The classical Lyot Coronagraph works quite well with Inner Working Angles (IWA) which are greater than 3–4λ/D (see Guerri et al. 2009; Guerri et al. 2011), and thus does not allow one to go closer than ~200 mas from the star in K band (~80 mas in R band). Of course, there are science cases, which would benefit a lot from going as close as possible to the central object, and this is why we are carefully evaluating other coronagraphic techniques. To achieve this, we do have a design (see the following sections) where, both onto the focal plane and onto the pupil plane, there are wheels that can accommodate up to eight masks. We emphasize that alternative coronagraphic techniques will not impact the instrument design, which is kept as the minimum level of complexity required for an imaging camera (above all in the NIR channel, where a re-imaging of the pupil is anyhow necessary to introduce a cold stop to minimize the thermal background). We will in fact consider only coronagraphic techniques that require an additional mask in the currently available focal plane or pupil plane, with the only impact being to fill one of the available positions in the corresponding filter wheel, as it will be clear in the section describing the opto-mechanical layout of the instrument.

The world of coronagraphic techniques is, in fact, rather wide, and there are several techniques differing significantly (see Martinez et al. 2008) concerning:

  • The possible achievable IWA;

  • The working wavelength (some working better in the visible, some better in the NIR, some being essentially monochromatic and thus suitable only with narrow bands filters);

  • Their sensitivity to misalignment (vortex mask, for example, hat to be placed very precisely onto the focal plane);

  • Their transmission (ranging from 10 to 90%)

Even discarding all the techniques that require a re-imaging of the pupil before the focal plane (apodized Lyot for example), which is not foreseen in SHARK, there are a few interesting options that might be implemented such as, for instance, Shaped Pupil coronagraph (see Carlotti et al. 2012), Phase Apodizing coronagraphy (see Codona & Angel 2004) and Vortex coronagraph (see Mawet et al. 2005). These techniques work with an IWA that can be as small as 1–2 λ/D and with higher contrast than a simple Lyot coronagraph, and they are still compatible with the current design. We will carry out a comprehensive study of possible alternative techniques, with the goal of having a few choices matching as far as possible the requirements of the different science cases.

The opto-mechanical concept

As already shown in the section ‘SHARK at the telescope’, the two SHARK channels (VIS and NIR) will be installed one for each LBT arm. In this section, we describe the opto-mechanical layout of the two channels, starting with the NIR.

NIR channel opto-mechanical layout

The NIR channel of SHARK will provide both direct and coronagraphic imaging, over a FoV of about 20′ × 20′ (almost 30′ on the diagonal). The current optical design is described in Fig. 3 left side, and is based on a classical two off-axis parabolas design, with the aim of maximizing the optical quality on the FoV (SR > 97.7%) and minimizing the instrument dimensions. All the optics used inside the instrument is below 40 mm in diameter, demanding in terms of optical quality, but commercially available. The overall NIR channel can rotate on a mechanical bearing to compensate for field rotation.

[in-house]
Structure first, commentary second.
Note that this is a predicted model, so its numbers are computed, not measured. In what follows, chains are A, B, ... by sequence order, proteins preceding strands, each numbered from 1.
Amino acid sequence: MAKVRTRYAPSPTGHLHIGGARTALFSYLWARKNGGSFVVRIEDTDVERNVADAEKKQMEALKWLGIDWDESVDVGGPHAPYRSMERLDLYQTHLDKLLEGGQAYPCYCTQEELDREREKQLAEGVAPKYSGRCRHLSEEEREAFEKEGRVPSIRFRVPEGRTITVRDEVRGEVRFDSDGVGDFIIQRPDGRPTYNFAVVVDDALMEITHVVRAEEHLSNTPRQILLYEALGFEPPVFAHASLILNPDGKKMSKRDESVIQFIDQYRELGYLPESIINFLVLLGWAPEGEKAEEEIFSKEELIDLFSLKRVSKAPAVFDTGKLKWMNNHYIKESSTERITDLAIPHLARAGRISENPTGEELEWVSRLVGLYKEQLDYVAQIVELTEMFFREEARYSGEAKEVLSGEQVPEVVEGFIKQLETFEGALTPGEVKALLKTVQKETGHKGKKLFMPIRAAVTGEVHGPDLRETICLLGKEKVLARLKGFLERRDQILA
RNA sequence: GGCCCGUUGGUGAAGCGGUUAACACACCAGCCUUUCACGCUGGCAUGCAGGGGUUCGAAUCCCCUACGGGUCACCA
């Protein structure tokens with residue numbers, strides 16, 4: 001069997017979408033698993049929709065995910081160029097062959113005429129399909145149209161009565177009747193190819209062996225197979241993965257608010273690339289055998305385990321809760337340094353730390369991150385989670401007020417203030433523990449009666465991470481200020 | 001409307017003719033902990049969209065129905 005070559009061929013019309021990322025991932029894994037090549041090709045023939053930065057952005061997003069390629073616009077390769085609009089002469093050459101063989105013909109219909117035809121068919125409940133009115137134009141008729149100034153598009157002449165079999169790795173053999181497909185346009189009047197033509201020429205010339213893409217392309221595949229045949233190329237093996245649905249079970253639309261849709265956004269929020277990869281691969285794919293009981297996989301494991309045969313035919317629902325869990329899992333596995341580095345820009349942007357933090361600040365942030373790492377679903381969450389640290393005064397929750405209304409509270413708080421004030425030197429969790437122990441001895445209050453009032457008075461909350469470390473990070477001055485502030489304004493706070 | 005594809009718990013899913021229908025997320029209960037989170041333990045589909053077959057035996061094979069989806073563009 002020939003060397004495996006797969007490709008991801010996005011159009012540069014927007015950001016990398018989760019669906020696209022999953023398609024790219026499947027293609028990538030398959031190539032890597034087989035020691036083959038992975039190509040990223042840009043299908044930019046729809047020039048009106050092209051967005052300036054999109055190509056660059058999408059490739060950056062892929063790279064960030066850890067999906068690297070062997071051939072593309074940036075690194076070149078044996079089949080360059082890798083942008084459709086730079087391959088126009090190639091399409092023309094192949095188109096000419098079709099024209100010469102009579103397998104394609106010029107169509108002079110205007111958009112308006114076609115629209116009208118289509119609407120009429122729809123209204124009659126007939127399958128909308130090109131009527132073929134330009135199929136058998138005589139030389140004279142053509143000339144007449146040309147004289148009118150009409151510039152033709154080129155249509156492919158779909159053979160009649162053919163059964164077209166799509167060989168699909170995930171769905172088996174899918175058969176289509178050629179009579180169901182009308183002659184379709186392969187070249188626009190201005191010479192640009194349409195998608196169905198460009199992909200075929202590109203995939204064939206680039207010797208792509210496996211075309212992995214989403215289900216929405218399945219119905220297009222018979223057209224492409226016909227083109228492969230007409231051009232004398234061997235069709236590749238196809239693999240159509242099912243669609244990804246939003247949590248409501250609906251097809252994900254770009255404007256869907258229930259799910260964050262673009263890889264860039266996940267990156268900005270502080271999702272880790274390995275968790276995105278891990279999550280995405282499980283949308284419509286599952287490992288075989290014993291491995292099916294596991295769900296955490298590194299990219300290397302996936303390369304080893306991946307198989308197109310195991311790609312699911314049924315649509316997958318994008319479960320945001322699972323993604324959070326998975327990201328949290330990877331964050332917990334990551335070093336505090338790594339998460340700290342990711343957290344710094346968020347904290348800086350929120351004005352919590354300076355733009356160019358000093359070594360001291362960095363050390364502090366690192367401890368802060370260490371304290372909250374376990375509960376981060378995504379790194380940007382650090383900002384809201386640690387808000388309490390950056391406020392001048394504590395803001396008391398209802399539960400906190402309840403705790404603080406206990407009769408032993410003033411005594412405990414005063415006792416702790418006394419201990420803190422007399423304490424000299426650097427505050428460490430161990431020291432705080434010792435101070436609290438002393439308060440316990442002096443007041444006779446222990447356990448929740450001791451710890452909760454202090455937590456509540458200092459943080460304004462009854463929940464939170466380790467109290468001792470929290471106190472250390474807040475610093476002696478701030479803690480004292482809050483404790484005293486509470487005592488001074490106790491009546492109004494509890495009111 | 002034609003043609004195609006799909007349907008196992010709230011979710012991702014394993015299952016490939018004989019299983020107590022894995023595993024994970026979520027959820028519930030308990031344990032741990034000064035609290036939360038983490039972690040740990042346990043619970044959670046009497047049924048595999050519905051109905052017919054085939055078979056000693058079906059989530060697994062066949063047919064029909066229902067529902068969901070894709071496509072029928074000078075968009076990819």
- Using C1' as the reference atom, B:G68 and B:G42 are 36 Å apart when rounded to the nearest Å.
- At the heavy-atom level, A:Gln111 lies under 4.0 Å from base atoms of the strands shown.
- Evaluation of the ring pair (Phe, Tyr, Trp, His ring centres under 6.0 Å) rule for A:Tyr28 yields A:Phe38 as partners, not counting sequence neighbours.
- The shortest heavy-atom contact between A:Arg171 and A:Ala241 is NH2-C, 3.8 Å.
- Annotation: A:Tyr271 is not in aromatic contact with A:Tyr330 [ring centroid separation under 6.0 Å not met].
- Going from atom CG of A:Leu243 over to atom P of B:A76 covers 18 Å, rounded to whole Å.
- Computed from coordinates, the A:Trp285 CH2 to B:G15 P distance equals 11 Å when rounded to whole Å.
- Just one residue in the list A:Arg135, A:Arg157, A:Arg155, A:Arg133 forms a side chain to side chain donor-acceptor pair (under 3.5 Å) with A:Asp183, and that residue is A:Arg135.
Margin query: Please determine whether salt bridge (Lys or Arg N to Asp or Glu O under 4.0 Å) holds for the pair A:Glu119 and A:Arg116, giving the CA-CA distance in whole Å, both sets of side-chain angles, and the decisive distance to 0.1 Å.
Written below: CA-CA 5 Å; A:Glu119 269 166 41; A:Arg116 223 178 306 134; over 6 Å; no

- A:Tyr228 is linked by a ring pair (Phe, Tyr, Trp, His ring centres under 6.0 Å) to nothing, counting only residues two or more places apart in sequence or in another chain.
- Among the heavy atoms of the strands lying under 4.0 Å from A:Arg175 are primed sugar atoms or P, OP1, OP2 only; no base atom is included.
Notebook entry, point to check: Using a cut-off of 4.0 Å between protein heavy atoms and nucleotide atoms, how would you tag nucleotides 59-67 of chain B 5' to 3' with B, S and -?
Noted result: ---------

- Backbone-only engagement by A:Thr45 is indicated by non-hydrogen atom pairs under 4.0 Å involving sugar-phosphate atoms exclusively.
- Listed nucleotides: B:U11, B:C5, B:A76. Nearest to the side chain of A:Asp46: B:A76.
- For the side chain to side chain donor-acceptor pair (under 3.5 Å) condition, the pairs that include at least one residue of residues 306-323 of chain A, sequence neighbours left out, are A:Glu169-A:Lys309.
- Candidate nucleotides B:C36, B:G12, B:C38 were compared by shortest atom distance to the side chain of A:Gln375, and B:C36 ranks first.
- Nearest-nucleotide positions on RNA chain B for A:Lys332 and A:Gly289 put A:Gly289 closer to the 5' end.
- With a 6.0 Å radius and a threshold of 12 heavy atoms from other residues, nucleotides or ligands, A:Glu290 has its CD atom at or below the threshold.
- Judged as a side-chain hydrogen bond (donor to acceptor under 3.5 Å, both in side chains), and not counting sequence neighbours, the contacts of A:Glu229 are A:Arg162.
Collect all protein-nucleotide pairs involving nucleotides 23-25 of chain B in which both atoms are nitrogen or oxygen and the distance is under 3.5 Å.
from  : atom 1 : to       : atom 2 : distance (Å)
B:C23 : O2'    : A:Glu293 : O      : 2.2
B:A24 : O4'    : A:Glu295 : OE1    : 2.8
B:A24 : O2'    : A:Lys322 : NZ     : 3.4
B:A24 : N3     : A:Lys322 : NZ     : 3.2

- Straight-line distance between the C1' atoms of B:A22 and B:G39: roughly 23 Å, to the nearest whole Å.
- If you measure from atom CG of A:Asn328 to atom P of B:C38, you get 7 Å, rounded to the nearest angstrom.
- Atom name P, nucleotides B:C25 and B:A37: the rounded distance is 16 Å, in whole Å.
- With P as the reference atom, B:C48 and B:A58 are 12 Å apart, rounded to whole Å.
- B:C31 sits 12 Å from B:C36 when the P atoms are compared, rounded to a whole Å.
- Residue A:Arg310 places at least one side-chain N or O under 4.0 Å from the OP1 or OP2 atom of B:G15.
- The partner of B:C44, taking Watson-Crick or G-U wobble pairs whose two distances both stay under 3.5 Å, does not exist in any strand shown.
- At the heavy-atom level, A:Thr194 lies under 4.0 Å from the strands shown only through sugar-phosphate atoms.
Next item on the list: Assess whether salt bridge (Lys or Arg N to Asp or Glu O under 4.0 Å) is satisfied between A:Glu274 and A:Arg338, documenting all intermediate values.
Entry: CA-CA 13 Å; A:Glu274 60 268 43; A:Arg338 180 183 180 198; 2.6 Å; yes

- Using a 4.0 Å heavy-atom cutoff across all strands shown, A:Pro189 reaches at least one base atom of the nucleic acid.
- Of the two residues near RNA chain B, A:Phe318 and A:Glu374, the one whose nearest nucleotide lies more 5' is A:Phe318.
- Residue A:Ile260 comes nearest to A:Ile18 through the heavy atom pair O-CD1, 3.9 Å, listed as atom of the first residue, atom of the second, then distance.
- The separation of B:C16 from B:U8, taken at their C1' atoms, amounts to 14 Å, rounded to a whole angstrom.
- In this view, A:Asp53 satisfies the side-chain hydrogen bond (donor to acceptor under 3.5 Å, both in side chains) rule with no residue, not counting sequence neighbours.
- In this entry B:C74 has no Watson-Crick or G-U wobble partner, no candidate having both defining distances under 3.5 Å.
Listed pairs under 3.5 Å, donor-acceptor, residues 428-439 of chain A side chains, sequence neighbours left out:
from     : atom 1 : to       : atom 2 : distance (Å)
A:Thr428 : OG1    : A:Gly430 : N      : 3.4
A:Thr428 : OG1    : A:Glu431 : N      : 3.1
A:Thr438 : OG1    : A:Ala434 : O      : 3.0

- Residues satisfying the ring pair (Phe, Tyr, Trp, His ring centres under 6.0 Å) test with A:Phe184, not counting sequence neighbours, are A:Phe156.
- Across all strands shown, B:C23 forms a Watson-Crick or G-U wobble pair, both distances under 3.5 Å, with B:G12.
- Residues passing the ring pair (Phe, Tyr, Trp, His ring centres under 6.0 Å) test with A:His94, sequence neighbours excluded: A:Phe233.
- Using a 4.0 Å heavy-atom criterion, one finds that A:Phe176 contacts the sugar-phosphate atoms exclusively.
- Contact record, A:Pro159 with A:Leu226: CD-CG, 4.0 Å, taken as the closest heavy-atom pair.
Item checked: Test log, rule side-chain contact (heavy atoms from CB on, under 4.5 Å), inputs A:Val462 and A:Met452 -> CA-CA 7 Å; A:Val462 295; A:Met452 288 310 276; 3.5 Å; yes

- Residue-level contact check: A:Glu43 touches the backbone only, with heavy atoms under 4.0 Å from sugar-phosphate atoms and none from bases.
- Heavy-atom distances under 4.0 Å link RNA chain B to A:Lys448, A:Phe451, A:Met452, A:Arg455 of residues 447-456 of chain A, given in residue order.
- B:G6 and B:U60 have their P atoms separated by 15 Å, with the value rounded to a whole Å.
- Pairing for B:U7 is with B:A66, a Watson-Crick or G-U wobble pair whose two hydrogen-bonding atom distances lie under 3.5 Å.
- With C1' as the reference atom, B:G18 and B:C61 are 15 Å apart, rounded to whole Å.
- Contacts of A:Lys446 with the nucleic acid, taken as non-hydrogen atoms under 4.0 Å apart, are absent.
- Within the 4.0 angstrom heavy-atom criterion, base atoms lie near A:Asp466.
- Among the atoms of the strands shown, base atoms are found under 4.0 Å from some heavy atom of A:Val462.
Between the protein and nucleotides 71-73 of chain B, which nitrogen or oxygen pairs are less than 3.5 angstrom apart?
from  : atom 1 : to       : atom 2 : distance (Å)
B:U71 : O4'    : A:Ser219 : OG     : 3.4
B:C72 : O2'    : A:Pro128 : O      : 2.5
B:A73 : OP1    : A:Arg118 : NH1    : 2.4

Fig. 3. The SHARK NIR channel optical design (left side) and opto-mechanical concept (right side).

Just before the input focal plane, there is a deployable atmospheric dispersion corrector (ADC), to correct for atmospheric dispersion. The optical quality of the system remains very good in the entire FoV, both in the term of encircled energy (larger than 80% for the J band diffraction limit point-spread function (PSF)) and in term of SR (always larger than 97.7% with and without ADC), as one can see in Table 1. We achieve also, with this configuration, a good quality of the pupil image; in fact, the broadening in the image of a point of the pupil is <10 μm, which roughly corresponds to 0.07% of the pupil's image diameter.

Table 1. The main characteristics of the SHARK NIR channel

Continuing with the description, on the input focal plane, a filter wheel can select between different occulting masks.

On the pupil plane, a selector can switch between the Lyot mask and the ‘empty’ position (to provide direct NON-Coronagraphic imaging on the detector). Six additional mask positions are available here, giving a total of eight.

A filter wheel positioned just after the pupil plane (seven positions available), making it possible to insert broad and narrow band filters.

Just after, another filter wheel (seven positions in total) allows the insertion of different neutral density filters, to permit observations of very bright targets. This wheel might possibly also accommodate a few polarized filters or additional science filters, for science cases for which only faint target observation is required.